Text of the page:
If you want to add a farmhouse vibe to new or existing furnishings or bring a vintage feel to older pieces that need a fresh coat of paint, you may be experiencing a mental milk paint vs chalk paint battle as you weigh your options. The truth is, both milk paint and chalk paint offer a great alternative to regular paints. But since they imbue a similar distressed look, most people don’t even know there’s a difference or what sets them apart from each other. So, to set the record straight, here’s what you need to know about milk paint, chalk paint and the differences between the two — and why milk paint is almost certainly the better option for your projects.
The Origins of Milk Paint and Chalk Paint
When human beings first began experimenting with cave art and adding color to their artifacts thousands of years ago, they did so with a type of milk paint — one of the first paints humans ever created. Today, paint products like those made by The Real Milk Paint Co. use a combination of casein (a protein found in milk), limestone and natural plant fillers with pigments. This combination of ingredients makes an eco-friendly option for restoration and home decorating projects.
Unlike milk paints, chalk paints are a relatively new medium. Developed by Annie Sloan in the late 20th century, chalk paints have a matte finish designed to replicate the look of chalk due to the calcium carbonate content in the formulation. Although Chalk Paint refers to a specific proprietary blend created by Sloan, other companies produce mixtures they call chalk paint due to use of chalk or plaster of paris in their formulations.
Suitable Uses for Milk Paint and Chalk Paint
Both chalk paint and milk paint work on a similar array of surfaces, though they typically have different applications. For instance, chalk paint is generally used for coating furniture projects, such as handmade chairs or upcycled sideboards. Milk paints such as Real Milk Paint, however, look great not only on furniture like chalk paint but also walls, flooring, cabinetry, doors and wooden instruments. With that in mind, suitable materials for coverage by both milk paints and chalk paints include:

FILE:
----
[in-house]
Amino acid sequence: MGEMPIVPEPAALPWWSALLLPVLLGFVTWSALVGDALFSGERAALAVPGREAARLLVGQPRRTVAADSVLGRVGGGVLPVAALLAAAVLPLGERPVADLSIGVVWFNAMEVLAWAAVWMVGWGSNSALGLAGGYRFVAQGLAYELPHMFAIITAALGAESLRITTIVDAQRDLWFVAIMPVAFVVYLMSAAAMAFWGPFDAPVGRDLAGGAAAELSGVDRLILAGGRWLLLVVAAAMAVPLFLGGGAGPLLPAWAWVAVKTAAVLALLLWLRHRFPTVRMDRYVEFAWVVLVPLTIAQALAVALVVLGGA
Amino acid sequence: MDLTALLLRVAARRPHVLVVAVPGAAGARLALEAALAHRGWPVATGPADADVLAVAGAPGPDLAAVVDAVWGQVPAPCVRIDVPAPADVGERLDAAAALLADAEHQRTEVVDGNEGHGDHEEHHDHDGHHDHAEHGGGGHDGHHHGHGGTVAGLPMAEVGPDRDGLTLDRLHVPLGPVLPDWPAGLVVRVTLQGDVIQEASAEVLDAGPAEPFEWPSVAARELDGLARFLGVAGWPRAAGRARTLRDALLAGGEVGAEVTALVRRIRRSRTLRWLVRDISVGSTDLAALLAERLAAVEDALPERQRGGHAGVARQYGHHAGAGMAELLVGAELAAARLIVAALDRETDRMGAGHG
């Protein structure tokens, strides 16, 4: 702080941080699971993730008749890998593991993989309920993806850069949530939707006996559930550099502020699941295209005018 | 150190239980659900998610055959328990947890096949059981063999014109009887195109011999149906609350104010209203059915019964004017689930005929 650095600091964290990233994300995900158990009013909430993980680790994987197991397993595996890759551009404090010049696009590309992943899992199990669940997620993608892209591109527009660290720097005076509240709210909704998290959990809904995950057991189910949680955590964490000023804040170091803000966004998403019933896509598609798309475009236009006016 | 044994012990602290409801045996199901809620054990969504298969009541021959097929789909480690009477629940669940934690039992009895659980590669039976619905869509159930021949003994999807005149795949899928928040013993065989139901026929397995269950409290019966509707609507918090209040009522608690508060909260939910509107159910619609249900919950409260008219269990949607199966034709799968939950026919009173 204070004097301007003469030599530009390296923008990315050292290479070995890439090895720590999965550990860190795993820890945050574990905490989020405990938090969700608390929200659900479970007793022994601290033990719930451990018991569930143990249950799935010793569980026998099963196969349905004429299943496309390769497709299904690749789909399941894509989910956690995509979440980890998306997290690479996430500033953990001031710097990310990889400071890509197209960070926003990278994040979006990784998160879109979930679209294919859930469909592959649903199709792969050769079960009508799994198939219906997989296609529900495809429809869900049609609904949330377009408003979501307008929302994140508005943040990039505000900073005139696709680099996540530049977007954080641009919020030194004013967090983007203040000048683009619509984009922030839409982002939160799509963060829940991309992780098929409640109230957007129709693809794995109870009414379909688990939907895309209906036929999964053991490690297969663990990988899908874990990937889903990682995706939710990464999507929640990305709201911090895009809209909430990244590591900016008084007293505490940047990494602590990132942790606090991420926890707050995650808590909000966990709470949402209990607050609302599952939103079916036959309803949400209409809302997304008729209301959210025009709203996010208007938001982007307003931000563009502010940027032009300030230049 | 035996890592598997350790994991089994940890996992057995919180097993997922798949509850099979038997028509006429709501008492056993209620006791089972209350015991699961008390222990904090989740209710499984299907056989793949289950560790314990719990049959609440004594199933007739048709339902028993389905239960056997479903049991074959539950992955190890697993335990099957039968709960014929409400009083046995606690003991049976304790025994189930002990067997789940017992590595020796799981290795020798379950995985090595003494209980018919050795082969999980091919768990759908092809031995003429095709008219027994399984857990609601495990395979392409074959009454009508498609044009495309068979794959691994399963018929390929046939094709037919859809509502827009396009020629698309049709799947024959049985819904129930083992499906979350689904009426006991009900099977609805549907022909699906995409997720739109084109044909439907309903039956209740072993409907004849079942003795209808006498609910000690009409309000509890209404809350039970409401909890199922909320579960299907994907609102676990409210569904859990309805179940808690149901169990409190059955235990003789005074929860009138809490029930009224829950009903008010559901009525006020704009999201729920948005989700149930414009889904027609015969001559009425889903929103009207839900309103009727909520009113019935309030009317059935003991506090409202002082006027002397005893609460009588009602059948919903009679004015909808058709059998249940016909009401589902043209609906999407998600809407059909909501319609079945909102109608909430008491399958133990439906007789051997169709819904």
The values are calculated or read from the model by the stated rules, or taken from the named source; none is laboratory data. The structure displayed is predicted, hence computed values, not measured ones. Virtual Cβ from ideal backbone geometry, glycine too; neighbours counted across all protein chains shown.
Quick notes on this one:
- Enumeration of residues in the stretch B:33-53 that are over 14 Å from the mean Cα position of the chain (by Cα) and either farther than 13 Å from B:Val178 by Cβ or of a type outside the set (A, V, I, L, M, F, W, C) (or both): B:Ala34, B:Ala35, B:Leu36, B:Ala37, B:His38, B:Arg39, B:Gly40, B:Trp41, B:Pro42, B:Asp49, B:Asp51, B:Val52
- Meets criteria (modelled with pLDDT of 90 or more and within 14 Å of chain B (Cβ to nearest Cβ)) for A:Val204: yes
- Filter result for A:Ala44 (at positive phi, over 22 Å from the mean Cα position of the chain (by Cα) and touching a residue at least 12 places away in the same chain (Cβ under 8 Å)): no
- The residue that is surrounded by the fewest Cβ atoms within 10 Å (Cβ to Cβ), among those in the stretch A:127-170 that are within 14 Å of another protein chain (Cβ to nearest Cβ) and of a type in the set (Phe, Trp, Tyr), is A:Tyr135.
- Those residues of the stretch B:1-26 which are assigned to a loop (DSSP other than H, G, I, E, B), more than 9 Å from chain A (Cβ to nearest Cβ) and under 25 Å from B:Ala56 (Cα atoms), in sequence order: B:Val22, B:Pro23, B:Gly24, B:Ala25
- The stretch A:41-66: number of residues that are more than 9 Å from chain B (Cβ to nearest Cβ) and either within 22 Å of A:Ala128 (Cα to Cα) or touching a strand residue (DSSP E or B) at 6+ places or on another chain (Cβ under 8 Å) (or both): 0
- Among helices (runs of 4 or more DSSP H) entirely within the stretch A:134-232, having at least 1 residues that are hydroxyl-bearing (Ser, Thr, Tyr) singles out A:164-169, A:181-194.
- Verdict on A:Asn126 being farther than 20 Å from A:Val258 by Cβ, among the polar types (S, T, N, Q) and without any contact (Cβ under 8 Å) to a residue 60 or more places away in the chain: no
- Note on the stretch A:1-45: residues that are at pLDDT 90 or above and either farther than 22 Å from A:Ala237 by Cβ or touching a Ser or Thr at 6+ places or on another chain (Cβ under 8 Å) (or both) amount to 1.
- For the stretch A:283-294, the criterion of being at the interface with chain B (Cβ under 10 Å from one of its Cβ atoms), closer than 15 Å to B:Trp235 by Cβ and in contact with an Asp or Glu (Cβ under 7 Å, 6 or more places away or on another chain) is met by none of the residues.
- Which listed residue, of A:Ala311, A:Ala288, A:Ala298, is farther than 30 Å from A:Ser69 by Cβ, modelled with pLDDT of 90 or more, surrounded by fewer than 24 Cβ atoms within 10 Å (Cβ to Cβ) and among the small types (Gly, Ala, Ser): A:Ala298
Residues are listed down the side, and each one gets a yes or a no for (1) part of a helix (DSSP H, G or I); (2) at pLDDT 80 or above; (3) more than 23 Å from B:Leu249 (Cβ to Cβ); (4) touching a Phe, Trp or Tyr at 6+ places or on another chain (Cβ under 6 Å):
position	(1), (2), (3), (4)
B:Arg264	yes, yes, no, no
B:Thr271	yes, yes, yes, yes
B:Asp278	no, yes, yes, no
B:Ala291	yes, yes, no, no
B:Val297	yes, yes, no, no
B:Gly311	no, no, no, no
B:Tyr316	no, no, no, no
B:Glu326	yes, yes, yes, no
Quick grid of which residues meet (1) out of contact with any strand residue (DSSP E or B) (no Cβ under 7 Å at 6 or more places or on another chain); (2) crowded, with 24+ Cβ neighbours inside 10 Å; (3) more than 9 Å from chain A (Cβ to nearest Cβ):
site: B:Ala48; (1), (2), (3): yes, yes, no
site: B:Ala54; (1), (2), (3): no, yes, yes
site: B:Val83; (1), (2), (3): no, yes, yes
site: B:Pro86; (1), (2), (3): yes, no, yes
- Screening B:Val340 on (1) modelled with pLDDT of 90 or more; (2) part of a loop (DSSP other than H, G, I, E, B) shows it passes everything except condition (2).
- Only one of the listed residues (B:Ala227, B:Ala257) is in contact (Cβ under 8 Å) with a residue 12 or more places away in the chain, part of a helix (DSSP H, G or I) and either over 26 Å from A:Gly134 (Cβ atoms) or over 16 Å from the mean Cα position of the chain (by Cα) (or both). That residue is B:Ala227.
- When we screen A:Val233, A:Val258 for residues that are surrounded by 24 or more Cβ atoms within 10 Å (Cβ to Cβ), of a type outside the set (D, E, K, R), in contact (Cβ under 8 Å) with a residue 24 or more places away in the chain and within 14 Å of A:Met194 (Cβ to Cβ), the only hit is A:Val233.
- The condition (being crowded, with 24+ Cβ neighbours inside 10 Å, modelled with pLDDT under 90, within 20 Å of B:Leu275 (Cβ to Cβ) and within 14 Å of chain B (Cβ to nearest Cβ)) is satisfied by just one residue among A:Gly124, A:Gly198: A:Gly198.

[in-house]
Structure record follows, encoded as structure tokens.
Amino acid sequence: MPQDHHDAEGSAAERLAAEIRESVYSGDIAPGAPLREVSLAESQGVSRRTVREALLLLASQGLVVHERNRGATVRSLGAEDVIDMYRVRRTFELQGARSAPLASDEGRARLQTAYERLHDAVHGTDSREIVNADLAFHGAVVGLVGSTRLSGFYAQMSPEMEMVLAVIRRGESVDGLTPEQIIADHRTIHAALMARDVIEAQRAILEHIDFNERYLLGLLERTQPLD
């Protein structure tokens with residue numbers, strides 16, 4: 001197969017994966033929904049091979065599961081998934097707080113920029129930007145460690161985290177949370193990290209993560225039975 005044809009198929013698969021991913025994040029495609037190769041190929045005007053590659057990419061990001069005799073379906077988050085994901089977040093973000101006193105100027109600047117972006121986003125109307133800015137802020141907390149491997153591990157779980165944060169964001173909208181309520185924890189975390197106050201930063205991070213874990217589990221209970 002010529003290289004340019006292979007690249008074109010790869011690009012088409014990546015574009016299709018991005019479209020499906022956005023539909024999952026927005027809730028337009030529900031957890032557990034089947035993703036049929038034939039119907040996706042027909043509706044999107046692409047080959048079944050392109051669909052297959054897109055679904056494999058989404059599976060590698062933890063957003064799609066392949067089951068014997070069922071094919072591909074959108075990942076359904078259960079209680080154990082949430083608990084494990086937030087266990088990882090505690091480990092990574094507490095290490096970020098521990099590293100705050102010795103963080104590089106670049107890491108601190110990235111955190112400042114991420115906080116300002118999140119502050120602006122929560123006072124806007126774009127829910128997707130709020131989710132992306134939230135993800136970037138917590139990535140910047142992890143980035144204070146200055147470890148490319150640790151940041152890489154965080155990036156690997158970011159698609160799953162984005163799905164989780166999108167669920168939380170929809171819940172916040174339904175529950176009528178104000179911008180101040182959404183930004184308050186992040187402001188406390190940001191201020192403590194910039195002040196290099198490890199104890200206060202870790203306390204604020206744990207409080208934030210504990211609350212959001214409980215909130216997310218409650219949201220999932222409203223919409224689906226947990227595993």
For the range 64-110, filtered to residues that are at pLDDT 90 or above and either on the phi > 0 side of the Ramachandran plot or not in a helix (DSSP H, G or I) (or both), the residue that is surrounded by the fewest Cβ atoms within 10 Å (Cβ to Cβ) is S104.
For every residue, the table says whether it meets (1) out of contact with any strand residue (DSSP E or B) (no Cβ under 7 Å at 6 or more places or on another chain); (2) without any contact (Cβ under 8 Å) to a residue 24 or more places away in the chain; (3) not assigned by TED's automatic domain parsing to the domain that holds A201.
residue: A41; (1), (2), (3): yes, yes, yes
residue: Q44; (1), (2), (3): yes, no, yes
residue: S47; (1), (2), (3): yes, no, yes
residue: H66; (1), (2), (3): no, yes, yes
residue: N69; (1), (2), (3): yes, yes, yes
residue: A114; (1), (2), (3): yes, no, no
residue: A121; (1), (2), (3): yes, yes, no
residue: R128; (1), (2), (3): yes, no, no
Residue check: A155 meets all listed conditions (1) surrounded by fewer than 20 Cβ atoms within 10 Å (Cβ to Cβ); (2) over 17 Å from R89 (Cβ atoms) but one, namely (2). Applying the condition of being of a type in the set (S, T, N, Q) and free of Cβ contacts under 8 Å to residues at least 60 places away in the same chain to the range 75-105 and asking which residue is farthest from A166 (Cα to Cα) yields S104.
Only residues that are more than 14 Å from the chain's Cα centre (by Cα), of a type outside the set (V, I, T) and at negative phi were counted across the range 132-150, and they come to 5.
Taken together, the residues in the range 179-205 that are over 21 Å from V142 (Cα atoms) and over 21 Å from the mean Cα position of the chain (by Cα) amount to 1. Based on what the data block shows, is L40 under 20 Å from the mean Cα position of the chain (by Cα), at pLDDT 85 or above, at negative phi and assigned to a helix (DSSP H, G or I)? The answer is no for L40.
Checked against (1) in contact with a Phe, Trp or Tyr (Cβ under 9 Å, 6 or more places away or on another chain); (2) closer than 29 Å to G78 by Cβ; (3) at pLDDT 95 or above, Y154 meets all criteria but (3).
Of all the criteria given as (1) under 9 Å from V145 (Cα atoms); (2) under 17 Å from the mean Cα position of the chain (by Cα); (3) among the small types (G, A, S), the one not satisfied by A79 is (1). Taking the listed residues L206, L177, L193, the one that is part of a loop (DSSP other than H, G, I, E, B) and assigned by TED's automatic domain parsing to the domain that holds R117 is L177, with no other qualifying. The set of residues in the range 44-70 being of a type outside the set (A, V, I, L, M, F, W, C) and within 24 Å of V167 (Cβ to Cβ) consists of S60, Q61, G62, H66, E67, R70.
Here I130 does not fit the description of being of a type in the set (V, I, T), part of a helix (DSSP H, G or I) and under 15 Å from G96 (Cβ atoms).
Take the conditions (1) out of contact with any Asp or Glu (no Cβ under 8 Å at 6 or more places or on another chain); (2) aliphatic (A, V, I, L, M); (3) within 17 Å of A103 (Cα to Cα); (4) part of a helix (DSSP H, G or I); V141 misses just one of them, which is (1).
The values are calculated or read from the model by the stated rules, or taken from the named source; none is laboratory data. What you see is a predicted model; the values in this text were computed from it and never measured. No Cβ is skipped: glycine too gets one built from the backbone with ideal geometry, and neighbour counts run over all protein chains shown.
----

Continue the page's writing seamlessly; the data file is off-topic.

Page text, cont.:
- Metal (rusty metal works especially well)
- Plastic with Ultra Bond additive
- Glass with Ultra Bond additive
- Drywall and plaster
- Brick and concrete
Comparing Preparation Methods
For all their similarities in suitable surfaces, milk paint and chalk paint have very different modes of preparation. Chalk paints come already mixed, so you only have to shake them up a bit before use to remix the formulation. But milk paints generally come in a powdered format, so you have to mix them with water before you can apply them to your project.
Additionally, you have to wait for milk paints to settle a bit before use unless you pair them with our Anti Foaming Agent. Be aware that unused portions of milk paints made with milk protein that you mix may spoil after a few days. Real Milk Paint from The Real Milk Paint Co., however, boasts an exclusive formulation that remains stable for up to two weeks after mixing.
Applying Chalk and Milk Paints
One of the greatest things about chalk paints and milk paints alike is that neither of them requires priming or sanding before application. This can cut hours off your projects when compared with the work that goes into use of regular paints, even if you choose to slightly sand surfaces before applying Real Milk Paint to improve tooth for better adhesion. You can apply both with brushes, rollers or sprayers, and both offer quick, easy coverage to further speed up project completion times.